Suicide Squad review – a messy but entertaining ride from DC
‘What happens if you send supervillains to do the work of superheroes? The US government is about to find out.’
After the incredibly polarising response to Batman v Superman: Dawn of Justice (2016), including many mixed to negative reviews, Warner Brother’s DC cinematic universe looks like it could be in trouble. No doubt the studio will be desperate for their next film in this franchise to be a financial and critical success.
Fortunately, David Ayer’s Suicide Squad, the third in the DC expanded universe is extremely entertaining and an immensely fun experience. In an obvious response to the criticism towards the high broodiness factor of Batman v Superman and the overly grim atmosphere, Suicide Squad is a much more lighter affair, with a stronger emphasis put on humour and creating a sense of fun.
That’s not to say that there isn’t any seriousness to be had with a typical high stakes save-the-world plot. Considering the rumours that the late re-shoots that were announced were done to add more humour, Ayer shows prowess in balancing the conflicting tones of the film.
The story itself also helps the film as it centres around the villains for a change, which is a refreshing and different take after so many of these movies tend to focus squarely on the heroes, and leaving the antagonists underdeveloped and not very compelling at all (yes, you could argue Deadpool (2016) but that film always lent more towards the hero aspect of his character rather than the antihero side). It’s an original approach that switches the perspective. We even have Government Agent Amanda Waller (Viola Davis) presented as an antagonist to these characters as she coerces them to fight a dangerous battle against their will.
Ayer takes us through his film at a neck breaking pace with minimal set up so as to get straight to the meat of the story, which both helps and hinders the movie as time isn’t wasted trying to explain everything and having the film drag. Where it hinders though is characterisation.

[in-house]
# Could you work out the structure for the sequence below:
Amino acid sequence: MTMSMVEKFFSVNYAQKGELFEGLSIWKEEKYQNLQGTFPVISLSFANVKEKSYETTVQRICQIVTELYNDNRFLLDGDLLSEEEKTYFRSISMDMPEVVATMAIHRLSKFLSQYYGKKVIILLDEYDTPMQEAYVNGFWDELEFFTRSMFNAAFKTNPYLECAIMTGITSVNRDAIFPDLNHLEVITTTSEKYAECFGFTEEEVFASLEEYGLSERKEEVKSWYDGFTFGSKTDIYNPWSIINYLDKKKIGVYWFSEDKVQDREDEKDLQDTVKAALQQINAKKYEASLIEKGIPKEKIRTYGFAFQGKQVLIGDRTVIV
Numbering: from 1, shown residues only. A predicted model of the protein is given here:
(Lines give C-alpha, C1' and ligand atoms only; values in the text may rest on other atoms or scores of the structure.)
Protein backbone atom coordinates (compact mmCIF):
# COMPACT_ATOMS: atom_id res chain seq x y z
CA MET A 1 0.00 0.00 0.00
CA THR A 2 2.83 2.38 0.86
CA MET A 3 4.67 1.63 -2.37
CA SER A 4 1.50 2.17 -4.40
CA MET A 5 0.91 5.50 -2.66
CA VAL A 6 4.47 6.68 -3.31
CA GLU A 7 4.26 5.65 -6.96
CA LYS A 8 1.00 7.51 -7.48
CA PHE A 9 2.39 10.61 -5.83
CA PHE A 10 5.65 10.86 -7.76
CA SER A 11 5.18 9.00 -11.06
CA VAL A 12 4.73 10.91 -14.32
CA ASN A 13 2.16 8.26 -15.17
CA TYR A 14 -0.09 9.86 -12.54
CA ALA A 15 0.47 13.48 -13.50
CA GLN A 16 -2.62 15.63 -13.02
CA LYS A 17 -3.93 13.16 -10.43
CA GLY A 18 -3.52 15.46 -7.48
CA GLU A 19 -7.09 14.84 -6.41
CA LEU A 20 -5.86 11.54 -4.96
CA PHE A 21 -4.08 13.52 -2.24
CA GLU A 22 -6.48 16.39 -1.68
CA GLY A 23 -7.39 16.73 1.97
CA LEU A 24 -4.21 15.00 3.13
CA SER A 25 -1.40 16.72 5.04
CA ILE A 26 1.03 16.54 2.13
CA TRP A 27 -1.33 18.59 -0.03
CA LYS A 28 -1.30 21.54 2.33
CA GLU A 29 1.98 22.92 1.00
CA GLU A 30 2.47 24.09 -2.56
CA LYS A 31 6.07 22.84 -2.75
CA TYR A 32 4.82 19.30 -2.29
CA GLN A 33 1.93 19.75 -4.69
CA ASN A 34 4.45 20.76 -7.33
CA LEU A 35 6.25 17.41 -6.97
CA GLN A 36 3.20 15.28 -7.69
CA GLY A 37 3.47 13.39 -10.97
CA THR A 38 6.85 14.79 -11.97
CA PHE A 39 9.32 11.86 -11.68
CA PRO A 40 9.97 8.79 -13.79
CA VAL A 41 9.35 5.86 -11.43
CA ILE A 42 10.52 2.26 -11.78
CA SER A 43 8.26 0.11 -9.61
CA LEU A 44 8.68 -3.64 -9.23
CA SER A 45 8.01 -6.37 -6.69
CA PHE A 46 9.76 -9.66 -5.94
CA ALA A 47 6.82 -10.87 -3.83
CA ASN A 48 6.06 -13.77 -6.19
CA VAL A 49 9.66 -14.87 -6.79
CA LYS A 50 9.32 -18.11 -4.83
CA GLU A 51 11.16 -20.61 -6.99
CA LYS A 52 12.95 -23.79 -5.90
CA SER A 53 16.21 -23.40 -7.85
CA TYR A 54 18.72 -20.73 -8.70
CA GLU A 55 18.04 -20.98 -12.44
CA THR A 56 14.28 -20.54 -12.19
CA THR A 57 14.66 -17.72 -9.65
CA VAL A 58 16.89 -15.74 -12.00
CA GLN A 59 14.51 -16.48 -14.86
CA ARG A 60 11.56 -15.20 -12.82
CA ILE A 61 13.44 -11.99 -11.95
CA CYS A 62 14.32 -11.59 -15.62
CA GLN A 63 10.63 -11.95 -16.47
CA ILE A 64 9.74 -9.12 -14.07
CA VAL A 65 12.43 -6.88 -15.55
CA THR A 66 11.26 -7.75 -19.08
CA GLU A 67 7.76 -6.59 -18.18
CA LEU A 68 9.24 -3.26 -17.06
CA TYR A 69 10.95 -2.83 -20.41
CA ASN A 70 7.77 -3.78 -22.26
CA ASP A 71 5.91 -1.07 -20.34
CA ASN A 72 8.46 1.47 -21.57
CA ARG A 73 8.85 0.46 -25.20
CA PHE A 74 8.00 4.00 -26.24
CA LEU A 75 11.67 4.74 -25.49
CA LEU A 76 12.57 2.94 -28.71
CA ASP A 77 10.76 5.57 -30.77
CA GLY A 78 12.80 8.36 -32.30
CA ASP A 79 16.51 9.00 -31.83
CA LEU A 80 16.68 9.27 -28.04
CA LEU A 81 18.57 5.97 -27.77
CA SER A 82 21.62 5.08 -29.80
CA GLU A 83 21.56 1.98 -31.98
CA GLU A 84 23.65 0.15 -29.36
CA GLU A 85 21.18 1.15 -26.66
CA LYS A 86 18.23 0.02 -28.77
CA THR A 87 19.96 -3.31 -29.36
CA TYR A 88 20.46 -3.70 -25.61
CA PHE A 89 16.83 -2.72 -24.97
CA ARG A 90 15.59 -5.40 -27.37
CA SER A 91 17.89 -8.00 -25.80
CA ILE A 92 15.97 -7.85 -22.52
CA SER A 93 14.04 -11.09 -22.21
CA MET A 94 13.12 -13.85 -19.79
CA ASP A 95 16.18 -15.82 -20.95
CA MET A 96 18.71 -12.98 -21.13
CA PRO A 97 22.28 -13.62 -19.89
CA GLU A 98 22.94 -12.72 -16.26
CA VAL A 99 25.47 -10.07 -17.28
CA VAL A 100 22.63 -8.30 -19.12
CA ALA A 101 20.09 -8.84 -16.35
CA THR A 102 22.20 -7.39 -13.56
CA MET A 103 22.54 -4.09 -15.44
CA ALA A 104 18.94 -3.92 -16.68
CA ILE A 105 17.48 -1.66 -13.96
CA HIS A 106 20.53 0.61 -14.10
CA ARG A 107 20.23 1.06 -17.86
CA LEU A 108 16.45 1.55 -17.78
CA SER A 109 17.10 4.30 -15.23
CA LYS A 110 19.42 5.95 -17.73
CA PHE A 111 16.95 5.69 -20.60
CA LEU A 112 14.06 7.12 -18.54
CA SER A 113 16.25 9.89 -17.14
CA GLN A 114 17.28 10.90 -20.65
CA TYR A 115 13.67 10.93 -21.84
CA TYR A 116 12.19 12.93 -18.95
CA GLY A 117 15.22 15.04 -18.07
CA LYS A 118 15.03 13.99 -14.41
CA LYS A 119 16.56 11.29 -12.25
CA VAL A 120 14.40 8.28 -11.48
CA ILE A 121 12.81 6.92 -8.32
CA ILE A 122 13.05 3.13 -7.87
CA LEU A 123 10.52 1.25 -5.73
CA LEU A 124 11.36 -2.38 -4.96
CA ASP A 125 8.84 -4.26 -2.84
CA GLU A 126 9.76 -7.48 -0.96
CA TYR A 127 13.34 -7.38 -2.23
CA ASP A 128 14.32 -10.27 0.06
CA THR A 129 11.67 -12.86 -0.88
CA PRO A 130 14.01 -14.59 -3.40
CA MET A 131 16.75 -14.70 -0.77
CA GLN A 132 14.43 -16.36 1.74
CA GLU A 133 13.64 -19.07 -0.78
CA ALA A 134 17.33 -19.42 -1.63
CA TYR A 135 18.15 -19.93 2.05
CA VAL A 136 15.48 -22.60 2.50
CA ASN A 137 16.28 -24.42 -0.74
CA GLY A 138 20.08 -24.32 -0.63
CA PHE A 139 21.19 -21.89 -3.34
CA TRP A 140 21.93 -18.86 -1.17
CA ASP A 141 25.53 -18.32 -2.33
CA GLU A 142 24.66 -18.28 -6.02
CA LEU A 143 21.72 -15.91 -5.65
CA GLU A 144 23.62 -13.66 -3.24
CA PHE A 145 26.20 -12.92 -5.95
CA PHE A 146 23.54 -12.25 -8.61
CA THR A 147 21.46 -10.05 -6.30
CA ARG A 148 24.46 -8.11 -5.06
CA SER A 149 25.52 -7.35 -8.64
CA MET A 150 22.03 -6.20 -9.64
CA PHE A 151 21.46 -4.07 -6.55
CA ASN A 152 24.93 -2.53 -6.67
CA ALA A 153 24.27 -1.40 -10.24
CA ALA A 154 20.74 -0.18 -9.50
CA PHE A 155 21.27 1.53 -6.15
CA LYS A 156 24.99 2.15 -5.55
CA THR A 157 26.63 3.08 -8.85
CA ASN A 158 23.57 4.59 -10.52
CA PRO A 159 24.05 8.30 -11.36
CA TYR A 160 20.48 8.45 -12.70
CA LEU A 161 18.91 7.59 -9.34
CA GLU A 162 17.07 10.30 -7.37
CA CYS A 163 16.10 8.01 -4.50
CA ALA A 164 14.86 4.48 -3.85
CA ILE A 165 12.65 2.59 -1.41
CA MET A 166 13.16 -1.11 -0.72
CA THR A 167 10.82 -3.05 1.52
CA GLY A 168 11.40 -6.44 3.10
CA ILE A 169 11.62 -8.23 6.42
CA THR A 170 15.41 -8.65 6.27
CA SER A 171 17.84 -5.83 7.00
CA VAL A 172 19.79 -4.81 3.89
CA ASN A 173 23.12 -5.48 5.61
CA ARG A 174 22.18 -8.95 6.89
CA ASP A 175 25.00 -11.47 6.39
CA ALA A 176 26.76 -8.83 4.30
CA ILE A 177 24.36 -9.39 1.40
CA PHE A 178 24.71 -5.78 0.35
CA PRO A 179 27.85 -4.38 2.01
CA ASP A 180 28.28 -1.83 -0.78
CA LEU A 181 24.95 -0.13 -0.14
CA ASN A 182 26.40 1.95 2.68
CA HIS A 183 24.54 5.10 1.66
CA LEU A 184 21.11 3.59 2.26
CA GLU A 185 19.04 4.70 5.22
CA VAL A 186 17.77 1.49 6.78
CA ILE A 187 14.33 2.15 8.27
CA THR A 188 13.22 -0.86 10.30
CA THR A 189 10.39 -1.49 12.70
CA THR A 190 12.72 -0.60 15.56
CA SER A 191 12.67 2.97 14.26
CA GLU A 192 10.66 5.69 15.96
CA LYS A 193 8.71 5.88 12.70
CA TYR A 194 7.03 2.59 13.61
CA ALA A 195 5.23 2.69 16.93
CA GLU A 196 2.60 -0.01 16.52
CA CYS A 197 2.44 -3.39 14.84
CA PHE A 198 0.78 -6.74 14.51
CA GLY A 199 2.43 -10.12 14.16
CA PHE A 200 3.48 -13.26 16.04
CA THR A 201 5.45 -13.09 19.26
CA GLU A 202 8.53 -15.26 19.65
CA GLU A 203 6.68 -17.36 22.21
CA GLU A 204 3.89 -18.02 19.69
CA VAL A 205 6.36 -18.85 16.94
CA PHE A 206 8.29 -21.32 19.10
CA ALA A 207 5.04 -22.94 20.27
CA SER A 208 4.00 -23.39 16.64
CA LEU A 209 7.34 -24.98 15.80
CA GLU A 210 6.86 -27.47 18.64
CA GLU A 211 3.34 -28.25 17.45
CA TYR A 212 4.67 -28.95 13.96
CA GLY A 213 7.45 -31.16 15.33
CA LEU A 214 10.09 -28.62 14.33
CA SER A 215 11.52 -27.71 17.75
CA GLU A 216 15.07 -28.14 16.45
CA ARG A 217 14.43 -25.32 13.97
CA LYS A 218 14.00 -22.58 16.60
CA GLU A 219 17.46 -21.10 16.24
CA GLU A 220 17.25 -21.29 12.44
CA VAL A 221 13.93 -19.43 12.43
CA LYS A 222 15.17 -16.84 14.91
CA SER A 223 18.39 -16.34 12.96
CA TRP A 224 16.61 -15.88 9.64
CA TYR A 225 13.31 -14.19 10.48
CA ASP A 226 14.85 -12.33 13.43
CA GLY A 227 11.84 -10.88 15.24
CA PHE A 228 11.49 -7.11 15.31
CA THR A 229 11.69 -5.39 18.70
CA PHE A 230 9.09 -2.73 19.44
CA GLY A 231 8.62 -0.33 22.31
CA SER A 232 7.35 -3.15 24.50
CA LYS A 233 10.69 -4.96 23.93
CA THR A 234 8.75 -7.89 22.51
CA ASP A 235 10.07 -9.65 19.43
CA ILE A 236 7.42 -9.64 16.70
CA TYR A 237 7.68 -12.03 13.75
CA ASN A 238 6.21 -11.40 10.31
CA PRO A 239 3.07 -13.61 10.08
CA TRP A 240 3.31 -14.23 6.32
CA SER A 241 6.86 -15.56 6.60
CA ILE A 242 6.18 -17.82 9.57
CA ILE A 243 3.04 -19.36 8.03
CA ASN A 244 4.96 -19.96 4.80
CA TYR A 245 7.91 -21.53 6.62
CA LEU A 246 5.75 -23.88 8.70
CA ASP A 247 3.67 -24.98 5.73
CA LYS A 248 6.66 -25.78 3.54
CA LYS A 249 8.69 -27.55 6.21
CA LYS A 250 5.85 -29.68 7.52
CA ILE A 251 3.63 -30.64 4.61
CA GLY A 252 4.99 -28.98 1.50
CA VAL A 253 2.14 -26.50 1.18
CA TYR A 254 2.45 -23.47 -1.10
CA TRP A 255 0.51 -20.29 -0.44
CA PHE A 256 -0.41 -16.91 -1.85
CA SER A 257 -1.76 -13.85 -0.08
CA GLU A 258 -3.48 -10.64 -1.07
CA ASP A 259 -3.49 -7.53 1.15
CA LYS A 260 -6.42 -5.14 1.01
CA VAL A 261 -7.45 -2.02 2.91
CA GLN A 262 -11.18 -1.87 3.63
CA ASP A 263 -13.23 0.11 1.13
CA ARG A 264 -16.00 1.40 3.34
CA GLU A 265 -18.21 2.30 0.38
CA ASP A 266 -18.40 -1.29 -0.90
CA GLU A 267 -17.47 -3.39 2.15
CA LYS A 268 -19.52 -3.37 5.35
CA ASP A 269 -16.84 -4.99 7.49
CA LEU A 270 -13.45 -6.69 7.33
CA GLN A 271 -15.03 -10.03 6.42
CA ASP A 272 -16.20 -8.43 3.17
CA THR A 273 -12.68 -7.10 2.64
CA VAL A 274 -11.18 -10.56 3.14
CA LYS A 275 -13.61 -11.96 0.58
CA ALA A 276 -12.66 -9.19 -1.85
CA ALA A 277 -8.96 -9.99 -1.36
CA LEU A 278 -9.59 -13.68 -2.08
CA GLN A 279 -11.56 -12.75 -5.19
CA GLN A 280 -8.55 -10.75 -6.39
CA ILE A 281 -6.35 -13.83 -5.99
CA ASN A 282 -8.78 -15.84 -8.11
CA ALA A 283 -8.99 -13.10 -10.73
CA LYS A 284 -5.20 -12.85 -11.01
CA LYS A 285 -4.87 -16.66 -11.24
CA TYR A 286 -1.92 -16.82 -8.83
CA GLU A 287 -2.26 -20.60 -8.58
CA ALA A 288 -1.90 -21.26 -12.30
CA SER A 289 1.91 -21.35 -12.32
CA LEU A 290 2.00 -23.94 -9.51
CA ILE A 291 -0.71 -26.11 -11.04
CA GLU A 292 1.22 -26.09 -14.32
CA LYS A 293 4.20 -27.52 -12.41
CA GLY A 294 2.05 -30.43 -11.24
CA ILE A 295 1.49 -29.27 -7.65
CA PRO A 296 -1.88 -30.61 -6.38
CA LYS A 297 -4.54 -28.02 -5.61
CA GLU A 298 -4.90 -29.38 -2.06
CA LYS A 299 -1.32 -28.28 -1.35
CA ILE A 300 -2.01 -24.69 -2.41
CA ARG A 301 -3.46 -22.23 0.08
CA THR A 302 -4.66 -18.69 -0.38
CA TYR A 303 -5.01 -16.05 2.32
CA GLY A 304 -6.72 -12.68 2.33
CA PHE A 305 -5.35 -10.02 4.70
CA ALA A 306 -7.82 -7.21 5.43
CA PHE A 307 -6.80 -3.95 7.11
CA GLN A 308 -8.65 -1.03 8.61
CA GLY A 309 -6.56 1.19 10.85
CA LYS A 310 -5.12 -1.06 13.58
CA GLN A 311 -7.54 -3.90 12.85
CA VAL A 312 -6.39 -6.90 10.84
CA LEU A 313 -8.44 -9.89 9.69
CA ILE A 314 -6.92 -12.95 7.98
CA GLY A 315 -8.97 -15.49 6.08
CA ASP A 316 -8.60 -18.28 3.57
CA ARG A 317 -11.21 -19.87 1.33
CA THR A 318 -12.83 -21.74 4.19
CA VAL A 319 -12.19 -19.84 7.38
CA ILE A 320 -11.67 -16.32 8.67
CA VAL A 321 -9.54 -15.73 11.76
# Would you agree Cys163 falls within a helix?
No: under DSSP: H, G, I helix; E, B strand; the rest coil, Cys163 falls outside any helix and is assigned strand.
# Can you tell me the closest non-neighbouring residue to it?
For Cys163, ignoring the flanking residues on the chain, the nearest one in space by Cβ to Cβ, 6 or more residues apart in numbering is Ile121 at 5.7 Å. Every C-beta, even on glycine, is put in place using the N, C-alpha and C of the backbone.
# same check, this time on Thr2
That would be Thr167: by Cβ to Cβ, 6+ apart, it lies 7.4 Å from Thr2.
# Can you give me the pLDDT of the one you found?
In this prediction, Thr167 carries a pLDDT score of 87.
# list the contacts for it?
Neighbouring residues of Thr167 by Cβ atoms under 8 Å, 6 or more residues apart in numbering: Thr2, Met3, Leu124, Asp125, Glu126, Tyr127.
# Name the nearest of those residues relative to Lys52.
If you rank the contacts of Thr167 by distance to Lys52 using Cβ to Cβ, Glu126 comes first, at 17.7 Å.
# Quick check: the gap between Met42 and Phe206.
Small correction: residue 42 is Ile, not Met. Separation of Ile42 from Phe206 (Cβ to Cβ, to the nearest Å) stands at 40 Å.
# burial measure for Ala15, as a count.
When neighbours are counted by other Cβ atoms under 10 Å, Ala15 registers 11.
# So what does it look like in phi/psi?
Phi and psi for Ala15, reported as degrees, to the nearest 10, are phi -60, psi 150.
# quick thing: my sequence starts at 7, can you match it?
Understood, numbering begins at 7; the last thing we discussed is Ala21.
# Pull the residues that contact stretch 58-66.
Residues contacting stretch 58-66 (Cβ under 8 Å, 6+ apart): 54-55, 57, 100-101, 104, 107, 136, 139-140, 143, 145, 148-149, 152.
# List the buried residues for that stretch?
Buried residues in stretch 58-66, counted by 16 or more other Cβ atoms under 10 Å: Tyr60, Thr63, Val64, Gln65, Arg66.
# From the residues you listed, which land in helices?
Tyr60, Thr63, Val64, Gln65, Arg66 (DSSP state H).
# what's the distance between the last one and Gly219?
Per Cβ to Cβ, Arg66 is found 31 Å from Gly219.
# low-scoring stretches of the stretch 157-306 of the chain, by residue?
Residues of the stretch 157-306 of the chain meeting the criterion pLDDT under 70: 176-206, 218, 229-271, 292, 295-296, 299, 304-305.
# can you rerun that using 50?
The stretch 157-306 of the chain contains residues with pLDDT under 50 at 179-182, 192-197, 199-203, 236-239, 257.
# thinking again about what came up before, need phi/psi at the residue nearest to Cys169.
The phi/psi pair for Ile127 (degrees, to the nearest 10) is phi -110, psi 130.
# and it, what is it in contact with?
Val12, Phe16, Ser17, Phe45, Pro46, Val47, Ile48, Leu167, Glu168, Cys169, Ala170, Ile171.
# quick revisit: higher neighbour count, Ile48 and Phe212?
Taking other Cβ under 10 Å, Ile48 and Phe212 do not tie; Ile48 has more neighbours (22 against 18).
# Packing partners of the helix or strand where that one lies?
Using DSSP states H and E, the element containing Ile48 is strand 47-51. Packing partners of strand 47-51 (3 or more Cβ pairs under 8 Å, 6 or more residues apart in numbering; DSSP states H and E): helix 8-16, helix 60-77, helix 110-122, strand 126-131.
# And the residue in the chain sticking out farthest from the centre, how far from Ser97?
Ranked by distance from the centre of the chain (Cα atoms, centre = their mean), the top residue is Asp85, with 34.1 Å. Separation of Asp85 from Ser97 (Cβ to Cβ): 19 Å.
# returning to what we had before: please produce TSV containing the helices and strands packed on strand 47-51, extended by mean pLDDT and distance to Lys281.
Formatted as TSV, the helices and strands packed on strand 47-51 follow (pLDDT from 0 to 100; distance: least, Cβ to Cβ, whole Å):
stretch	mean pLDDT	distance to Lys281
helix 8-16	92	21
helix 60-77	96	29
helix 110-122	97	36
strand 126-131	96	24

With such a big cast, some of the squad are reduced to archetypes and aren’t fleshed out very much making them hard to get behind. This is to be expected though with a large ensemble and actually, there are a few standout characters with Will Smith’s Deadshot and Margot Robbie’s Harley Quinn getting by far the most development with added backstory and even an origin tale for Quinn which is shown through flashback when she was a psychiatrist treating Jared Leto’s Joker. Also Davis’ Take on Waller is cold, calculating and extremely manipulative and she makes a great foil to the team, making us actually sympathise with the bad guys.
He also doesn’t skimp on the action, which he proves very adept in. He gives us a mix of styles based on the various abilities each character has which includes the more grounded battles between the non-powered humans like Deadshot, who Smith looks like he’s having a lot of fun playing, and the more fantastical battles when it comes to the meta-humans.
Unfortunately, despite all the positives, Suicide Squad is not a perfect film and does suffer some of the same hereditary problems as Batman v Superman. For example, as the film progresses the action does get too CGI heavy, and by no means as bad as its predecessor can still be quite distracting and take you right out of the film.
Also, there is still a fair amount of world building with the constant need to set up future films within the DC universe. It feels forced and is a blatant attempt to compete with Marvel and it’s starting to get old. This shows itself in unnecessary cameos and a side plot that includes Leto’s Joker that feels shoehorned in. What happened to the days when superhero films were self-contained with maybe the slightest of references to a larger world?
‘David Ayer has shown there’s still life in the DC Cinematic Universe yet.’
Suicide Squad, although not flawless, is a solid film and is certainly a step in the right direction for this world. Even with the underdeveloped characters, the distracting side plots and overuse of CGI, there is still a lot to enjoy, including a killer soundtrack. It is without a doubt the most entertaining film to date within the DC Cinematic Universe and should create a sense of hope for future films.
David has quite a broad taste in film which includes big budget blockbusters and small indie films; including International and Arthouse cinema. As long as it’s good in that particular genre, he’ll watch anything.
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